Feeding tactics of resident Bryde’s whales in New Zealand
Sahar Izadi, Natacha Aguilar de Soto, Rochelle Constantine, Mark Johnson
Predators typically feed on proportionally sized prey, but baleen whales take large mouthfuls of small zooplankton and fishes. Unlike most whales, Bryde’s whales live year-round in warmer waters with variable quality prey. Suction-cup tag data and drone footage of Bryde’s whales in New Zealand revealed specialized feeding tactics depending on whether they were eating zooplankton or fish. The whales use head-slaps and side-lunges to catch zooplankton, and vertical surfacing to catch fish; this probably allows them to capture more prey. Bryde’s whales’ flexible diet and ability to change their behavior may be key to successfully living in warmer waters.
Vocalization of Bryde’s whales (Balaenoptera edeni) in the Beibu Gulf, China
Zhi-Tao Wang, Peng-Xiang Duan, Mo Chen, Zhi-Gang Mei, Xiao-Dong Sun, Zhi-Wen Nong, Mei-Han Liu, Tomonari Akamatsu, Ke-Xiong Wang, Ding Wang
Bryde’s whale vocalizations were recorded in the Beibu Gulf, China. Bouts of frequency modulated repetitive and diversified calls were recorded. Repetitive calls probably functioned as contact calls. Repetitive calls were divided into biphonation downswept tonals and downswept tonals. Diversified calls were probably associated with acoustic exchanges between or among conspecifics. Diversified calls occasionally contained inflection points, frequency jumps, and break point features. Most vocalizations in the current study were different than those previously reported for this species, providing new information on the acoustic repertoire of Bryde’s whales.
Comparative electrocardiogram in two anesthetized pinnipeds, the South American fur seal (Arctocephalus australis) and the Southern sea lion (Otaria byronia), with analysis of ECG parameters allometry
Mariela Dassis,Carolina De León,Alejandro Diaz,Edgardo M. Rodríguez,Diego H. Rodríguez,Gisela V. Giardino, Eduardo F. Castro
The cardiac conduction systems of South American sea lions and fur seals were found to be evolutionarily conserved, and cardiac cycle duration was directly related to body weight. We found that atrial-ventricular coordination, which is crucial for optimal hemodynamic efficiency, remained close to expected theoretical values in anesthetized animals. For both species, body mass could be used to estimate electrocardiogram duration parameters, which is particularly useful given the difficulty of animal handling and cardiac recordings in natural colonies.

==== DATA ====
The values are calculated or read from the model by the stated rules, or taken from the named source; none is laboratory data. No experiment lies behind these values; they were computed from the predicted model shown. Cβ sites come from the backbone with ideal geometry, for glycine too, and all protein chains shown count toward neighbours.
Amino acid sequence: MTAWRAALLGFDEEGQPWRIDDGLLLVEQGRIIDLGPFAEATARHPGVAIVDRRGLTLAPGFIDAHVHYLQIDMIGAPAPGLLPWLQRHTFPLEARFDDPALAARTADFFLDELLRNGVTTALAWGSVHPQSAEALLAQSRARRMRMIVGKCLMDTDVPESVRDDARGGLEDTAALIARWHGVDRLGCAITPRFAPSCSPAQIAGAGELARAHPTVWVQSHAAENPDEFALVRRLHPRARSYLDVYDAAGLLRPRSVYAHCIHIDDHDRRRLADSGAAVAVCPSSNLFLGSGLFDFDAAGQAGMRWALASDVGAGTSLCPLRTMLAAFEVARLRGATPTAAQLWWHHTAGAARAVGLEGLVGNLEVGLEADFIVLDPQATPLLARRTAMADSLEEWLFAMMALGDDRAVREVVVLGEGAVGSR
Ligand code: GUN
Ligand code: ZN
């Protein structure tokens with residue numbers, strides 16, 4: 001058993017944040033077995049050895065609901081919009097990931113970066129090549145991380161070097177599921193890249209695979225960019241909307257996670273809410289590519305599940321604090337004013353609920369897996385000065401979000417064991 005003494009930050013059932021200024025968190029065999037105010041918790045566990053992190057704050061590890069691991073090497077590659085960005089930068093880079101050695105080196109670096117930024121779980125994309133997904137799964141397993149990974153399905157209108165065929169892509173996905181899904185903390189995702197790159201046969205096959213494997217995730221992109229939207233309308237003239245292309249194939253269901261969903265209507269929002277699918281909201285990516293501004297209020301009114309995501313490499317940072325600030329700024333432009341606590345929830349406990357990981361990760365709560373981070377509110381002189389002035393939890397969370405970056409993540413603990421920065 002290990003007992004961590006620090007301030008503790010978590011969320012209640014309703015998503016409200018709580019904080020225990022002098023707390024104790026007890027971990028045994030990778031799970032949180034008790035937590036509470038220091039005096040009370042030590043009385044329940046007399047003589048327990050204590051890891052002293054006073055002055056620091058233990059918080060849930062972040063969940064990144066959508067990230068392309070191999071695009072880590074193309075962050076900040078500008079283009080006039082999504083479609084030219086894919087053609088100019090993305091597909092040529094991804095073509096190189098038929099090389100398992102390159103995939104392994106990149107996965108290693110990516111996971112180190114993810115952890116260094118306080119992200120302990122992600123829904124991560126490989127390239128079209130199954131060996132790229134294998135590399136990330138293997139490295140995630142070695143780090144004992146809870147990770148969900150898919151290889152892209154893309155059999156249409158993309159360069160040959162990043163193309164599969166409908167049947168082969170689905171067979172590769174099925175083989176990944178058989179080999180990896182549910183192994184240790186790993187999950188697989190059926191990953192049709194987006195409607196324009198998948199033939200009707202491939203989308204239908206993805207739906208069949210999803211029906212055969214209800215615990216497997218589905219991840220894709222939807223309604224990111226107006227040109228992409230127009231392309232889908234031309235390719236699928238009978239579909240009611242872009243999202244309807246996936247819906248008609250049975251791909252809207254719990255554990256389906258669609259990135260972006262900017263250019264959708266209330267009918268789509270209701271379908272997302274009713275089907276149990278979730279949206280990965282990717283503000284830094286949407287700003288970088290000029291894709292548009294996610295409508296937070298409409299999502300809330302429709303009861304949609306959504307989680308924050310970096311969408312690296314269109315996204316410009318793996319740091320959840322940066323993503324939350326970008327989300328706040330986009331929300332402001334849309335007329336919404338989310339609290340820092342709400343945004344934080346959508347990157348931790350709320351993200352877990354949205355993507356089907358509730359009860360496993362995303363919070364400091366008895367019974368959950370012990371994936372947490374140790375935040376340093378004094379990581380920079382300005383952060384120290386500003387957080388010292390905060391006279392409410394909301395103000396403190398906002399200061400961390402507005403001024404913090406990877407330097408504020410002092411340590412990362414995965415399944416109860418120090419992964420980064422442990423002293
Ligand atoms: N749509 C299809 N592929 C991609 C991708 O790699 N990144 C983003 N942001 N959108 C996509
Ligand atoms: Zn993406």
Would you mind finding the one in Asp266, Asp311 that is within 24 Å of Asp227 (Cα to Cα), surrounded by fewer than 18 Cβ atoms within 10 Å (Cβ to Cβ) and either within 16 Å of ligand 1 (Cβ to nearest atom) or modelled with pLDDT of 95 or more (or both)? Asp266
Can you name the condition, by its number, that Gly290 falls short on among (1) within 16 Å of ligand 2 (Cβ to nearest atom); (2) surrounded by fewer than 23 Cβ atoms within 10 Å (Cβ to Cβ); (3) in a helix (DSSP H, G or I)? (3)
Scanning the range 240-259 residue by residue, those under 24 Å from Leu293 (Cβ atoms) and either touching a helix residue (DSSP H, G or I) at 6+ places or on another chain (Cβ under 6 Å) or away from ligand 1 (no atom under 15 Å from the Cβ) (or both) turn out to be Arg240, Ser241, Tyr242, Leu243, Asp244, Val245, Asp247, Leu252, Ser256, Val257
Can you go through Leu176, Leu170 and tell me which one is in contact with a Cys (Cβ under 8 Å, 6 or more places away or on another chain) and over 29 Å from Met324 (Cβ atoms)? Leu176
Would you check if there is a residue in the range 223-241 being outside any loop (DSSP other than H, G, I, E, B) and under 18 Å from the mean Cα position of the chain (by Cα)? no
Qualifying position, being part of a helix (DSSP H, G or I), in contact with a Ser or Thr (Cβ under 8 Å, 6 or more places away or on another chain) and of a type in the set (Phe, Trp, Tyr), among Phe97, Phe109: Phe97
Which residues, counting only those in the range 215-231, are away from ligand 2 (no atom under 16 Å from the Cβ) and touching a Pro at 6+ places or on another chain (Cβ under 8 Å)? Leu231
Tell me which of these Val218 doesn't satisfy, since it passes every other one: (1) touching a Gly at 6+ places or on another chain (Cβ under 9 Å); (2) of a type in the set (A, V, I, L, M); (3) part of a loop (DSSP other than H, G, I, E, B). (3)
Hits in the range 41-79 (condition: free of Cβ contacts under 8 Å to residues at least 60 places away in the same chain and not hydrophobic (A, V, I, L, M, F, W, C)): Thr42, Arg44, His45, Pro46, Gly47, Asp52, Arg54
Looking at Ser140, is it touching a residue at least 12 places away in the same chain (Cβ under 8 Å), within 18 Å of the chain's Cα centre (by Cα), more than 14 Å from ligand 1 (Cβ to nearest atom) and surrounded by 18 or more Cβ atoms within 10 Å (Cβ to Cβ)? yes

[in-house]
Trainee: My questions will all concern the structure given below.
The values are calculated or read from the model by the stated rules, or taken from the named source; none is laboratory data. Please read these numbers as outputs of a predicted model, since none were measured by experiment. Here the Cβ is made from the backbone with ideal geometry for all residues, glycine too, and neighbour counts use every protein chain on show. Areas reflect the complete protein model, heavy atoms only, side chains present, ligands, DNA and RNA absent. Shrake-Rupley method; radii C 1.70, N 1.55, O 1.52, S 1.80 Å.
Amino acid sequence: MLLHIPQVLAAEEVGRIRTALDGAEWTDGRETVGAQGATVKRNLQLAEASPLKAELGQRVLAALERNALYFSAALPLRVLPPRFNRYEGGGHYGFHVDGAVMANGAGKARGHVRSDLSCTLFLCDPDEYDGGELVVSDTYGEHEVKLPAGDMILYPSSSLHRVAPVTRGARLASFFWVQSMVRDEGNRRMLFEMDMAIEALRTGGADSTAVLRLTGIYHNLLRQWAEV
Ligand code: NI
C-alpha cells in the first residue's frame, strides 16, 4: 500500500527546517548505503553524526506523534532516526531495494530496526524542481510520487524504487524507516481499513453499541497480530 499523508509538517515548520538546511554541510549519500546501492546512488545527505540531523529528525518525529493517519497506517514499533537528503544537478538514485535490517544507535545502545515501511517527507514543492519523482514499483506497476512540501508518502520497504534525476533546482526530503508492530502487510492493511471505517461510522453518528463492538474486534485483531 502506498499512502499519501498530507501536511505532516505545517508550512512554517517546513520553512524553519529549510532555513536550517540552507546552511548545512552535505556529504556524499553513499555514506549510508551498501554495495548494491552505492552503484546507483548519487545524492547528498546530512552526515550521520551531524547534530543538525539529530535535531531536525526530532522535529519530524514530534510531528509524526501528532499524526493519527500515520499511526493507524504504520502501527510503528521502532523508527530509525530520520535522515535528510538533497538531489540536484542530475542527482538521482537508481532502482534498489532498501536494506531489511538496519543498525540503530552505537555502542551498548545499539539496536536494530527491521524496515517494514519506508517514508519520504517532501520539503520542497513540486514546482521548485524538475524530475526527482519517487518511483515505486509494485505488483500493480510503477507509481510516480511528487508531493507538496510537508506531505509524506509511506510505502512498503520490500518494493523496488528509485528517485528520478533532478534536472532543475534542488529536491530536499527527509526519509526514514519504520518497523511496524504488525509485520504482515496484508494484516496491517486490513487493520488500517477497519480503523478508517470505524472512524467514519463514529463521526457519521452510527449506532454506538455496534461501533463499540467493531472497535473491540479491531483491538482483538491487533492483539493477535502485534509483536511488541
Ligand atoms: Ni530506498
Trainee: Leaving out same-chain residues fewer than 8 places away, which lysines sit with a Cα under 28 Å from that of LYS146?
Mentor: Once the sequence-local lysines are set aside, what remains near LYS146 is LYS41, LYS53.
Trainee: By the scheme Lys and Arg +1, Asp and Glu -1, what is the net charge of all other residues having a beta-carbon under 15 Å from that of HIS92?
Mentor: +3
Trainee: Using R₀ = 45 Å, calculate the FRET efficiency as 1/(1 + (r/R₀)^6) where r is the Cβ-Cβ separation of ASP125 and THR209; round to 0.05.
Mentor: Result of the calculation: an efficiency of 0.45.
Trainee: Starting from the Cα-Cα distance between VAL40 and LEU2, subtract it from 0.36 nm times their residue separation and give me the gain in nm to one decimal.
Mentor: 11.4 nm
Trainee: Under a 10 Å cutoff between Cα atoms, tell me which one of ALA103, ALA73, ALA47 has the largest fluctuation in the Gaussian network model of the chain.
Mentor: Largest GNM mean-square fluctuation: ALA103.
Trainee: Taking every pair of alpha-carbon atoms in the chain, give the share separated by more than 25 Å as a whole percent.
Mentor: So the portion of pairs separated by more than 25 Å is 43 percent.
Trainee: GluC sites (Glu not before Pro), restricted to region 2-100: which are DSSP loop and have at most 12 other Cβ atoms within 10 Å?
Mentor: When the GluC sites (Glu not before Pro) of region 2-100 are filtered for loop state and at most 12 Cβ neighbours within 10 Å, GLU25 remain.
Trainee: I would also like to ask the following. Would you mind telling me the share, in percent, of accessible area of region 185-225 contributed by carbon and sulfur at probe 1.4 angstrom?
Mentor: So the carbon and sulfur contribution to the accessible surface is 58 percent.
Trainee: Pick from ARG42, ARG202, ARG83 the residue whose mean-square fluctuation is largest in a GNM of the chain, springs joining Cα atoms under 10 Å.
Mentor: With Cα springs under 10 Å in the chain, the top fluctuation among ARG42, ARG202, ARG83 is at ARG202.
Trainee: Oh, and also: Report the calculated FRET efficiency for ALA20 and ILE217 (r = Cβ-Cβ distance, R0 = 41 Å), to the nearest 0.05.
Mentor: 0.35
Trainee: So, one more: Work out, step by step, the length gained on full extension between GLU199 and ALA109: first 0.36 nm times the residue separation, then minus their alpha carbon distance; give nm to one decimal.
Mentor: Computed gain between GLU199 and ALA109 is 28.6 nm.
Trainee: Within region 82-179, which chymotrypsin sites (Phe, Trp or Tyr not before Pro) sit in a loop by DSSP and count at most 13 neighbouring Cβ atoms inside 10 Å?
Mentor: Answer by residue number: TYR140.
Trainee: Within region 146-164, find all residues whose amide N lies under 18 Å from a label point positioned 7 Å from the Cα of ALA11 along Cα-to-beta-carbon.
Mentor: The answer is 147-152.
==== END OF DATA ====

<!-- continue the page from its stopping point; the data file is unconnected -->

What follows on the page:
Tagging, ranging patterns, and behavior of franciscana dolphins (Pontoporia blainvillei) off Argentina and Brazil: Considerations for conservation
Randall S. Wells, Marta J. Cremer, Leonardo G. Berninsone, Diego Albareda, Krystan A. Wilkinson, M. Andrew Stamper, Renan L. Paitach, Pablo Bordino
Franciscanas are the most endangered cetaceans in the Southwestern Atlantic, where they are exposed to human activities such as artisanal gillnet fishing and coastal development. A need for information on ranging patterns and behavior led to efforts to attach satellite-linked tags to franciscanas in three bays in Argentina and Brazil during 2005-2013. Residency, with small home ranges, occurred at each site. Movements were influenced by tides. The dolphins used the entire water column, exposing them to gillnets regardless of net depth. Definable ranges facilitate relating specific geographically based threats to appropriate population units, increasing the potential for effective conservation.
Acoustic-based estimates of Cuvier’s beaked whale (Ziphius cavirostris) density and abundance along the U.S. West Coast from drifting hydrophone recorders
Jay Barlow,Jeffrey E. Moore,Jennifer L. K. McCullough,Emily T. Griffiths
The abundance of Cuvier’s beaked whales off the U.S. West Coast was estimated from an acoustic survey conducted in 2016. This is the most common species of beaked whale and has a worldwide distribution. This survey differed from all previous surveys in its use of drifting acoustic recording devices to estimate whale abundance. The estimated number of these whales in the 1 million square kilometer study area is 5,500. This number is slightly higher than the average estimate from 7 prior visual surveys but is considerably more precise.